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Journal of Parapsychology, 78(2), 170-182, 2014
BAYESIAN AND CLASSICAL HYPOTHESIS TESTING:
PRACTICAL DIFFERENCES FOR A CONTROVERSIAL
AREA OF RESEARCH
By J. E. Kennedy
ABSTRACT: The use of Bayesian analysis and debates involving Bayesian analysis are increasing for controversial areas of research such as parapsychology. This paper conceptually describes the philosophical and modeling differences between Bayesian and classical analyses, and the practical implications of these differences. Widely accepted statistical conventions have not yet been established for Bayesian analysis in scientific research. The recommendations from the FDA guidance on using Bayesian methods are appropriate for confirmatory experiments. This guidance recommends that the study design and protocol include (a) specification of the prior probabilities and models that will be used, (b) specification of the criteria that will be considered acceptable evidence, (c) operating characteristics for the probability of Type I error and power of the analysis, and (d) an estimate of the relative roles of prior probability versus the data from the current experiment in producing the final results. Both classical and Bayesian methods are valid when properly applied with confirmatory methodology that includes prespecification of statistical methods, and prospective evaluations of inferential errors and power. Evaluations of inferential errors and power measure the validity of a planned hypothesis test, including Bayesian analysis. Unfortunately, the use of confirmatory methodology has been rare in psychology and parapsychology.
Keywords: Bayesian analysis, classical analysis, inferential errors, confirmatory research, subjective probability The use of Bayesian analysis has been rapidly increasing in science and is becoming conspicuous in scientific controversies. For example, Wagenmakers, Wetzels, Borsboom, and van der Maas (2011) argued that classical analyses supporting parapsychological effects are evidence that classical methods are faulty and should be replaced with Bayesian methods. Bem, Utts, and Johnson (2011) responded that certain aspects of this analysis were flawed, but agreed that Bayesian methods have advantages that will be increasingly utilized in scientific research. Debates like this typically focus on specialized technical points without presenting the fundamental assumptions and models that provide the crucial context for understanding and evaluating the arguments.
The present article is intended to describe conceptually the philosophical assumptions, models, and practical aspects that differ between Bayesian and classical hypothesis testing. This discussion should allow a person to conceptually understand the descriptions of methodology and the findings for experimental research that uses Bayesian analyses, and to follow debates about conflicting conclusions from research data. In addition, some potentially controversial claims and practices with Bayesian methods are described, as well as recommendations for methodology for confirmatory experiments. References are not provided for concepts that are commonly described in writings on Bayesian methods.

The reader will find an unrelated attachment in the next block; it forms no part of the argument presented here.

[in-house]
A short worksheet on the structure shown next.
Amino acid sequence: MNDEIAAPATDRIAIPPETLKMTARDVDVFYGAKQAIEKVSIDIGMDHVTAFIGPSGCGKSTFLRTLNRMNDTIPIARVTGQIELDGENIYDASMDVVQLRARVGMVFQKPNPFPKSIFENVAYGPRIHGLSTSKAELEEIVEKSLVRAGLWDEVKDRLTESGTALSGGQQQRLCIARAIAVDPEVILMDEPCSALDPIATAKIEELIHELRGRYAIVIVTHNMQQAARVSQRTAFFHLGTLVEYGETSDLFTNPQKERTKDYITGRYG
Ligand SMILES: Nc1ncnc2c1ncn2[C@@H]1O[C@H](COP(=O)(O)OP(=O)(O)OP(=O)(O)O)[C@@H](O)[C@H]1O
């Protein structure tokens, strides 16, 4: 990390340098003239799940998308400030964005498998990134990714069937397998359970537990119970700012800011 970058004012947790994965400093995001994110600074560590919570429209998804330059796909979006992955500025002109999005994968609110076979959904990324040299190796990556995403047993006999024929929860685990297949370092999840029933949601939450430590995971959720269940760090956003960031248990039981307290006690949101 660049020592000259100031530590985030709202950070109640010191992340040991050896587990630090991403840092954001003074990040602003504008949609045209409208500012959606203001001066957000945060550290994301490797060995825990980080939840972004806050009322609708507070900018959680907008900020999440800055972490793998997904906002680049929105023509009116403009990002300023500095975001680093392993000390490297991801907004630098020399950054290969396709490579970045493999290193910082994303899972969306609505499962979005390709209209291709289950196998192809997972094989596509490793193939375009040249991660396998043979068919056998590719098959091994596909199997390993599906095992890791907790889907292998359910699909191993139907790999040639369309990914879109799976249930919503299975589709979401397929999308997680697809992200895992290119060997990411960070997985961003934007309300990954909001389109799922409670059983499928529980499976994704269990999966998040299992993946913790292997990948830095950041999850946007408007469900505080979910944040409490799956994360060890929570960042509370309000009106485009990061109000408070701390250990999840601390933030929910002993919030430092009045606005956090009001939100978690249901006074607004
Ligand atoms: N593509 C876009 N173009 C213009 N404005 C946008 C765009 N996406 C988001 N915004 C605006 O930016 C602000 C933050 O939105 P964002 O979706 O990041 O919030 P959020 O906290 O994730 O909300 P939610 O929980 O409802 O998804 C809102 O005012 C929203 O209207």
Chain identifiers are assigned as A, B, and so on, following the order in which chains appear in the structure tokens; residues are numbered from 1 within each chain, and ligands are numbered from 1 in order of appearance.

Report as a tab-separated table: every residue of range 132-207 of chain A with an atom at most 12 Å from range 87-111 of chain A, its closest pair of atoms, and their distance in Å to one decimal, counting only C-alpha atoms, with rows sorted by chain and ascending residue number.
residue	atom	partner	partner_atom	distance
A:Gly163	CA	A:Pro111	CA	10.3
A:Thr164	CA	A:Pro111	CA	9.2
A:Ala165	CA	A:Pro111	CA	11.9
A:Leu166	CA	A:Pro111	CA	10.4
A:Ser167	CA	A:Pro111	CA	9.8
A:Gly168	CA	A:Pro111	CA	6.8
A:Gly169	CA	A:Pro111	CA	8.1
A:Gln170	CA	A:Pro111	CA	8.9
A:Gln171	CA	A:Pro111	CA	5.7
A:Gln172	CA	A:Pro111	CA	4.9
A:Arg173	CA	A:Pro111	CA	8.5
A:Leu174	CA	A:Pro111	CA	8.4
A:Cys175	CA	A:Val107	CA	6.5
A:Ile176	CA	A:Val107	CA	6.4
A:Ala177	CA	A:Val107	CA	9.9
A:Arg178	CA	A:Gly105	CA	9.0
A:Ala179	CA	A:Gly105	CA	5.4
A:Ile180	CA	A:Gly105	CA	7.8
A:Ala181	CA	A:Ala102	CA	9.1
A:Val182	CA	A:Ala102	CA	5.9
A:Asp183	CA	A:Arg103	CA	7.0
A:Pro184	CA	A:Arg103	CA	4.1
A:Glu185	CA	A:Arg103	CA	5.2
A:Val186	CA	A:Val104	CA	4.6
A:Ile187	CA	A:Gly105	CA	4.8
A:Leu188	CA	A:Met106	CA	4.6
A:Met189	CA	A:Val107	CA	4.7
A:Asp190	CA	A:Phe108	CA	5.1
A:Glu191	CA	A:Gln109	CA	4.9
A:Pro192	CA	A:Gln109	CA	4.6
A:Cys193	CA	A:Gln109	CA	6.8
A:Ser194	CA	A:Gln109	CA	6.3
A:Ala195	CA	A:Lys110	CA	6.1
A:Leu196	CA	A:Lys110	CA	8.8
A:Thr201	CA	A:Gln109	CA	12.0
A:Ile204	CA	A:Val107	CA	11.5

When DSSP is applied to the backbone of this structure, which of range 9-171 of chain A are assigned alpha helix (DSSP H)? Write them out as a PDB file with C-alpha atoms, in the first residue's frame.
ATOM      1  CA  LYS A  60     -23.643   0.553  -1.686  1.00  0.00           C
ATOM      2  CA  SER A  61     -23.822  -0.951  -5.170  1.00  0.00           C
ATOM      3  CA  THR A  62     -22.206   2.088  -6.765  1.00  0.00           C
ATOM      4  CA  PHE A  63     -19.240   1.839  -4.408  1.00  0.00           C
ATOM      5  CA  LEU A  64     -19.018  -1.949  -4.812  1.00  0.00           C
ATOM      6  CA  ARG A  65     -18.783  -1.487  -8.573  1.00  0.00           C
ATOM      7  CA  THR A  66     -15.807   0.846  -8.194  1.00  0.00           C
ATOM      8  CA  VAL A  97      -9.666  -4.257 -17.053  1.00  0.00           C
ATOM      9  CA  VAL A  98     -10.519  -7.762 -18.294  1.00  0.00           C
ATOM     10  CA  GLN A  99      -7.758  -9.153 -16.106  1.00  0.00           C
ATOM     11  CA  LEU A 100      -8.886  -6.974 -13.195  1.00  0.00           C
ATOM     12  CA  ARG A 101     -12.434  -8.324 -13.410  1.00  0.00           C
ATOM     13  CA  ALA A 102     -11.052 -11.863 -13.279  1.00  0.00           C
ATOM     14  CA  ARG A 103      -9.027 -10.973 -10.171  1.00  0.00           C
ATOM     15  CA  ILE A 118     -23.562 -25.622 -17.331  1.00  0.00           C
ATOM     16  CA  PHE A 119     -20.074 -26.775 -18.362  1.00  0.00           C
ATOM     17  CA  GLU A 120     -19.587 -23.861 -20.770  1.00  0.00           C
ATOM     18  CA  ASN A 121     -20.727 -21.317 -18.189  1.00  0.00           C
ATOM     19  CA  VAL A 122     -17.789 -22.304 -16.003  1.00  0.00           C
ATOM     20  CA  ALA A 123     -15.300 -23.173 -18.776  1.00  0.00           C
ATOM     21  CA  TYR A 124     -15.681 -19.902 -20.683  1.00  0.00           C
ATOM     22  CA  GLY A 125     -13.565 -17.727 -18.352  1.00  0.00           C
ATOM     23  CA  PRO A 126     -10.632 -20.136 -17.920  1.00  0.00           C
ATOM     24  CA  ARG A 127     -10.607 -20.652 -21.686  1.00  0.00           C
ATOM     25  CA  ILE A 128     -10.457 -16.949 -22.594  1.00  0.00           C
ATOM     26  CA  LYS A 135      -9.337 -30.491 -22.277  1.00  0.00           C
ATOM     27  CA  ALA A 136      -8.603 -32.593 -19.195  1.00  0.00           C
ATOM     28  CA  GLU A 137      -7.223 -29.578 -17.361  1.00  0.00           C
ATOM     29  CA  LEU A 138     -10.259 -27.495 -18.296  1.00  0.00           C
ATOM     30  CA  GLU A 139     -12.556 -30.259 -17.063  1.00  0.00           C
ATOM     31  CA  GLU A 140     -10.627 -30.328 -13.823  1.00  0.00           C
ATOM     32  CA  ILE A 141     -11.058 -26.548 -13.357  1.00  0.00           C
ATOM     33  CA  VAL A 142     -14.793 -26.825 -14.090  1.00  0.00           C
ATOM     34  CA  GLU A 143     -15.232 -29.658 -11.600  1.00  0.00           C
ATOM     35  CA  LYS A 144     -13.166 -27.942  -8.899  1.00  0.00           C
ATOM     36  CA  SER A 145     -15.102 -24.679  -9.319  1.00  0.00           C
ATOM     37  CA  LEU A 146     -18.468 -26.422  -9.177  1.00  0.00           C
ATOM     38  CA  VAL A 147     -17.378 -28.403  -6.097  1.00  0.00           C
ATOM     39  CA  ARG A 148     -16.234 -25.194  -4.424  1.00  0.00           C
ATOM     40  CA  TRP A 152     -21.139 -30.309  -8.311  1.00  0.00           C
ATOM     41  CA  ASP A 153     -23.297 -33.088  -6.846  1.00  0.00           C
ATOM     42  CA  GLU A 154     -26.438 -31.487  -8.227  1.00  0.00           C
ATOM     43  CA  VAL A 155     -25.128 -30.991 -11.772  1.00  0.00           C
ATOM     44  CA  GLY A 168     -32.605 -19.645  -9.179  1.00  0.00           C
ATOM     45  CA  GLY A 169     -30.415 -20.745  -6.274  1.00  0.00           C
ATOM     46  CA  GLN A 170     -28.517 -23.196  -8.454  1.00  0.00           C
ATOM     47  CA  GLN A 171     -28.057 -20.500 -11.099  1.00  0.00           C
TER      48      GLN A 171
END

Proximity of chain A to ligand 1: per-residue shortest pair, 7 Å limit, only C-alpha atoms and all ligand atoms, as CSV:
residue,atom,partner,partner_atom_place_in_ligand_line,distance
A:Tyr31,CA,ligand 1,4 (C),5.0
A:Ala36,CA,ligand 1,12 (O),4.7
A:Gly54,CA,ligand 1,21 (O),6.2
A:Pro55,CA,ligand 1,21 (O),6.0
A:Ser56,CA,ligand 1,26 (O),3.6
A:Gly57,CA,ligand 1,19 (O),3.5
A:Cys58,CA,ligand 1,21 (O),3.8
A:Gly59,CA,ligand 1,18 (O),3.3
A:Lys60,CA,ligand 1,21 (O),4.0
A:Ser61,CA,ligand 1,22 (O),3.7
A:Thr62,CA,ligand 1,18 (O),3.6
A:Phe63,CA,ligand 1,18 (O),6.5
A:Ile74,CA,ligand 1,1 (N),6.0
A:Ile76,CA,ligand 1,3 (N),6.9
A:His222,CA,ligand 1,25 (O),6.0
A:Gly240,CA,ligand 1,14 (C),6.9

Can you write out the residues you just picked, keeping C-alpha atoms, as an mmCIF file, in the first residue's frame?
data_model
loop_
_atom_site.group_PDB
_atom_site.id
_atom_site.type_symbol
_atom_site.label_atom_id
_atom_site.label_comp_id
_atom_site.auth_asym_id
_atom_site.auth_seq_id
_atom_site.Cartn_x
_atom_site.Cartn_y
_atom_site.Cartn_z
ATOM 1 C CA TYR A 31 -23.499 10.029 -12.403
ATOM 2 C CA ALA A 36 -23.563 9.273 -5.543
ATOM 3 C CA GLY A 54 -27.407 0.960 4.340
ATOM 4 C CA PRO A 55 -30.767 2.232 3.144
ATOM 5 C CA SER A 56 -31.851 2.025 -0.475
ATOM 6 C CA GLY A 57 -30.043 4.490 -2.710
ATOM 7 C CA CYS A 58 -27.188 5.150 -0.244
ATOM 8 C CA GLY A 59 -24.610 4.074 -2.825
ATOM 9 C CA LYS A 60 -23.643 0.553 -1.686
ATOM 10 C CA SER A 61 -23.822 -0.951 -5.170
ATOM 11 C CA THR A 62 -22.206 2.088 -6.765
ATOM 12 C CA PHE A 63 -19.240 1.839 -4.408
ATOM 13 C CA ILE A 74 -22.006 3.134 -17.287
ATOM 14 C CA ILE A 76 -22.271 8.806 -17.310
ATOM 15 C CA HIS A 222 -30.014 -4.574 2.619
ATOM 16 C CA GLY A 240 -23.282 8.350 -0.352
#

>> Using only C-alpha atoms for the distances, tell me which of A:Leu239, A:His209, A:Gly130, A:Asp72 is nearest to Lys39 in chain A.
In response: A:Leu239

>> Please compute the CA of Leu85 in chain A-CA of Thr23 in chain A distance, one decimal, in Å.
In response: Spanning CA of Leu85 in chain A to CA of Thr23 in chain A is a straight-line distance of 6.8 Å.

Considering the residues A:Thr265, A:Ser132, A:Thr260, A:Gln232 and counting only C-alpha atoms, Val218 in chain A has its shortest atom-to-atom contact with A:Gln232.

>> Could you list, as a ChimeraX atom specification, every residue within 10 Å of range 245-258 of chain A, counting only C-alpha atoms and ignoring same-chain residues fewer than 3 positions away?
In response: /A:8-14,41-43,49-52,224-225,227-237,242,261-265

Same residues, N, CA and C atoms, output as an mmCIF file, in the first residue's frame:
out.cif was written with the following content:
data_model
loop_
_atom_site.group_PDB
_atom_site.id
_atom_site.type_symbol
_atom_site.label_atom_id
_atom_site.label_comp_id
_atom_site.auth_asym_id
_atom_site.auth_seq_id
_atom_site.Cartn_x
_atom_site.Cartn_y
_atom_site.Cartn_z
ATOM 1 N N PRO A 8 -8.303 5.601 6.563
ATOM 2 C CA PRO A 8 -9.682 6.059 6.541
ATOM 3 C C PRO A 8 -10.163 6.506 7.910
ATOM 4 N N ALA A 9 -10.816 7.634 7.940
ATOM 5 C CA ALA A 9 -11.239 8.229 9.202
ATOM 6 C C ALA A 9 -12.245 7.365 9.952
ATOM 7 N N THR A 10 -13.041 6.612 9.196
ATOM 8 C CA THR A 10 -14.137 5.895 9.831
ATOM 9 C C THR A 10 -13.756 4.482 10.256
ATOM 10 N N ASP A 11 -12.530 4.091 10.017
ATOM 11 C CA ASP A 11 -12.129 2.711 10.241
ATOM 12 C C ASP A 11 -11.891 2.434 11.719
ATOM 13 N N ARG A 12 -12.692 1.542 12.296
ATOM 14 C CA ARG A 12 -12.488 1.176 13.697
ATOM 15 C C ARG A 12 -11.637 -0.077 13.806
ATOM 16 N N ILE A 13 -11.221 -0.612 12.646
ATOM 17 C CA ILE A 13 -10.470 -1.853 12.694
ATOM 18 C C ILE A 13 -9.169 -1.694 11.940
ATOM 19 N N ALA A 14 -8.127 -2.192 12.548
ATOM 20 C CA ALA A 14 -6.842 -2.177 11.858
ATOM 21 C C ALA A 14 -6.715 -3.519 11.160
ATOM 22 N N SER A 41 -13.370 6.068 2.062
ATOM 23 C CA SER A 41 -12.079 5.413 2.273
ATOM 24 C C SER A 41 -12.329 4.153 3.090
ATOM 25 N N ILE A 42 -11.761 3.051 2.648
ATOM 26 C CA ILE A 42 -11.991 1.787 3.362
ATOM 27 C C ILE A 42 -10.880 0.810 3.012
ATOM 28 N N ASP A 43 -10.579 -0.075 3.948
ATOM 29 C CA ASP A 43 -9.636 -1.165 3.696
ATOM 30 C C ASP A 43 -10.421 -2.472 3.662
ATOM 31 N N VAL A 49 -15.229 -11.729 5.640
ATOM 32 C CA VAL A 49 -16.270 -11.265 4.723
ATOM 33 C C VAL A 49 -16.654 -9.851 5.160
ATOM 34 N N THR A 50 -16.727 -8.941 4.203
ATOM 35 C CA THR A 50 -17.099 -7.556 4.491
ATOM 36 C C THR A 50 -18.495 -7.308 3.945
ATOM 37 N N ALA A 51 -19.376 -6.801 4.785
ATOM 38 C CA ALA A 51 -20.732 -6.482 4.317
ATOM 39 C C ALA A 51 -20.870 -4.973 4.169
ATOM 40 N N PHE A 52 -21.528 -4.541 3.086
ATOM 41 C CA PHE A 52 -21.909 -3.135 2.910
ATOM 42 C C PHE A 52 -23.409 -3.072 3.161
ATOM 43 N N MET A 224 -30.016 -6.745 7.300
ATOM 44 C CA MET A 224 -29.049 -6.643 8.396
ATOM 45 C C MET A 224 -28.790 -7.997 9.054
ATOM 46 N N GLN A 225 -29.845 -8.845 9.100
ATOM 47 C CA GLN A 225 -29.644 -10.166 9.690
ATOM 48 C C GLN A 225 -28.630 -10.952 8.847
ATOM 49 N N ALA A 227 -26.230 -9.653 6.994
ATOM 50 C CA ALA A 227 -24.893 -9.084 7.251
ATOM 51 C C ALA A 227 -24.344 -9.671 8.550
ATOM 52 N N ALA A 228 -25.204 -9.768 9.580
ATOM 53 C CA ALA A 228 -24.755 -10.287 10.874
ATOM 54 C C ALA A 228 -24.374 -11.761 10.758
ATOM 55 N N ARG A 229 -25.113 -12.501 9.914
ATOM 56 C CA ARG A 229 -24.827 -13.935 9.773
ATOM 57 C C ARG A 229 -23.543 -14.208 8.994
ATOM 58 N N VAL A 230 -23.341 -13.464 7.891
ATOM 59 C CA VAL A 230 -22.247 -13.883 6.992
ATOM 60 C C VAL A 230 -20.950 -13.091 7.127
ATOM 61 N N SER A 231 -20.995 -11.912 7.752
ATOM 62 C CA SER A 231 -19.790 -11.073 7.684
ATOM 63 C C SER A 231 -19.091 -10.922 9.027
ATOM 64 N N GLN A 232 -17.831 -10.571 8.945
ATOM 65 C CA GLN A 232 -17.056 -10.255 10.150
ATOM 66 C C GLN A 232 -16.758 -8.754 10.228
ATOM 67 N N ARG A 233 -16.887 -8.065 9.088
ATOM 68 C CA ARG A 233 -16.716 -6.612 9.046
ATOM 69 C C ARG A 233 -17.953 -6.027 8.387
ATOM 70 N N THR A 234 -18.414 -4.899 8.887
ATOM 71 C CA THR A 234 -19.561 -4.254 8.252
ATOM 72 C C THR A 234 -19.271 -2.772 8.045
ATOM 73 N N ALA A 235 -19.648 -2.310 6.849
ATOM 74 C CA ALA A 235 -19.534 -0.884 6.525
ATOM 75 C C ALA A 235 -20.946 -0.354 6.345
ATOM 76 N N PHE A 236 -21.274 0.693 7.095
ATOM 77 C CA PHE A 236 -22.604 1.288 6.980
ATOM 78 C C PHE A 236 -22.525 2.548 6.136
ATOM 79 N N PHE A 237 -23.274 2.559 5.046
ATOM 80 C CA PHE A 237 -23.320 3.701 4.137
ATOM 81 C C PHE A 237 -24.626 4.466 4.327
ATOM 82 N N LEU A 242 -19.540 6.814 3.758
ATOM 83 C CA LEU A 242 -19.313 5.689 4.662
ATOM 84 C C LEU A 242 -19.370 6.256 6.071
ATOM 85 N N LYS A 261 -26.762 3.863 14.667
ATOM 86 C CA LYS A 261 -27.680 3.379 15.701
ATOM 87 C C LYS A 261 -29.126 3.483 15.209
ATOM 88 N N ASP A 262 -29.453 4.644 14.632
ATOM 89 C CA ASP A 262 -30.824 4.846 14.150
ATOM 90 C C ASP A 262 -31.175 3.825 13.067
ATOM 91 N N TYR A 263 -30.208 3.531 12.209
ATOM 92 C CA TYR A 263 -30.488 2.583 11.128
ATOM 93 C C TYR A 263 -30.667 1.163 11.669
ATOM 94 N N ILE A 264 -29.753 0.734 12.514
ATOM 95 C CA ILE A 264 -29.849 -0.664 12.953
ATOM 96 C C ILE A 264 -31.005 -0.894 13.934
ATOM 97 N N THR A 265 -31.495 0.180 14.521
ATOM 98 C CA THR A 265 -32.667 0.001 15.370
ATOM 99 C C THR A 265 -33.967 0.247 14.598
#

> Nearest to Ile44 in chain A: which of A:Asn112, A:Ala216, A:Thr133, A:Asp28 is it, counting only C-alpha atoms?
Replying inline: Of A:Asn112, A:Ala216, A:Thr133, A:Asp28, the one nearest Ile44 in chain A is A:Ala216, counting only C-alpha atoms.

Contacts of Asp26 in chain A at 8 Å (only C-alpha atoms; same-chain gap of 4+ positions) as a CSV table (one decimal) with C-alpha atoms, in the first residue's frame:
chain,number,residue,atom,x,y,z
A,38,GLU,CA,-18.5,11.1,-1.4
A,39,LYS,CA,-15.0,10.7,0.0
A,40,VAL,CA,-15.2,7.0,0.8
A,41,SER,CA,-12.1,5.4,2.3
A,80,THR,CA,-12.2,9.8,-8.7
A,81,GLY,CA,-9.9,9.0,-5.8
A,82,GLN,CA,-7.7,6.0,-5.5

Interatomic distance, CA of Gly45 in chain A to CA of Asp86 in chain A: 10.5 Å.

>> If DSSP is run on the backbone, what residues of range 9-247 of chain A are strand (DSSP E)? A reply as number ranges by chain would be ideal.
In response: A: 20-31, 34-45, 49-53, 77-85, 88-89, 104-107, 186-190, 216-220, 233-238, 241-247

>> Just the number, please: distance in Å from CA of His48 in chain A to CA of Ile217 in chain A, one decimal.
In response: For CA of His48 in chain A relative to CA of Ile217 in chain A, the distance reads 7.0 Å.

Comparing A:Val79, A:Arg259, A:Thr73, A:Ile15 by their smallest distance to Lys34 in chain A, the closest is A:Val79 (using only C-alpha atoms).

The discussion here focuses on evaluating the evidence for an ESP or psi experimental effect using a binomial analysis, as is common in parapsychology. Bayesian methods can also be used for other types of analyses. The basic principles discussed here also apply for other analyses.
When discussing current limitations, uncertainties, or debates about a statistical topic, I sometimes offer my opinion about the optimal strategy for handling the matter. Some of these opinions are prefaced with qualifiers such as “in my opinion” or “my perspective is.” These qualifiers are intended to indicate that a detailed technical discussion of the topic is beyond the purposes of the present article, and that others may have differing opinions.
Bayesian and Classical Hypothesis Testing: Practical Differences 171 Is Probability a Condition of the Physical World or a Condition of a Human Mind?
Bayesian and classical analyses are based on different philosophical perspectives about the nature of probability. Consider the case of a colleague who goes into a separate room and flips a coin. After the coin has been flipped, the colleague knows the outcome, but a person in the other room does not.
Objective Probability One perspective is that after the coin has been flipped there is no uncertainty about the outcome. It is what it is. If the coin came up heads, the probability that it is heads is one, and the probability that it is tails is zero. The fact that a person in another room does not know the state of the coin is irrelevant. Probability in this case is objectively based on the state of the physical world. It is not an accurate representation to describe the state of the coin as being uncertain after the state has been physically determined.
Classical hypothesis testing is based on this philosophy of probability. A scientific hypothesis such as “do some people have psychic abilities” is a question about the existing state of the world. The world is what it is, and the fact that a particular person is uncertain about the truth of a hypothesis does not affect the existing state of the world. Variation and probability pertain to the outcomes of future experiments and observations, not to the properties of an existing state of the world. This perspective on probability is also called the frequentist interpretation because it assumes probability is based on the frequency of occurrence of an outcome when the random event or observation is repeated many times.
The logic for statistical analysis is to determine the probability for the outcome of an experiment given that a certain state of the world exists. The statistical models treat the parameters for the state of the world as constant and the outcome of an experiment as variable.
Subjective Probability An alternative philosophical perspective is that probability is based on the beliefs in a human mind and therefore is subjective. The fact that the state of the coin has been determined does not resolve the uncertainty for a person who does not know the outcome. Uncertainty and probability exist for that person. The probability for a person in the room with the coin is completely different than for a person in another room.
Bayesian statistics are based on subjective probability and prescribe how a person’s beliefs should change as new data are obtained. A mathematical model determines the optimal beliefs given the initial beliefs and the new data.
This strategy assumes that the uncertainty in a person’s mind can be quantitatively modeled and that a person’s beliefs should rationally follow the mathematical laws of probability theory.
A person’s initial beliefs and uncertainty are mathematically represented with prior probability distributions.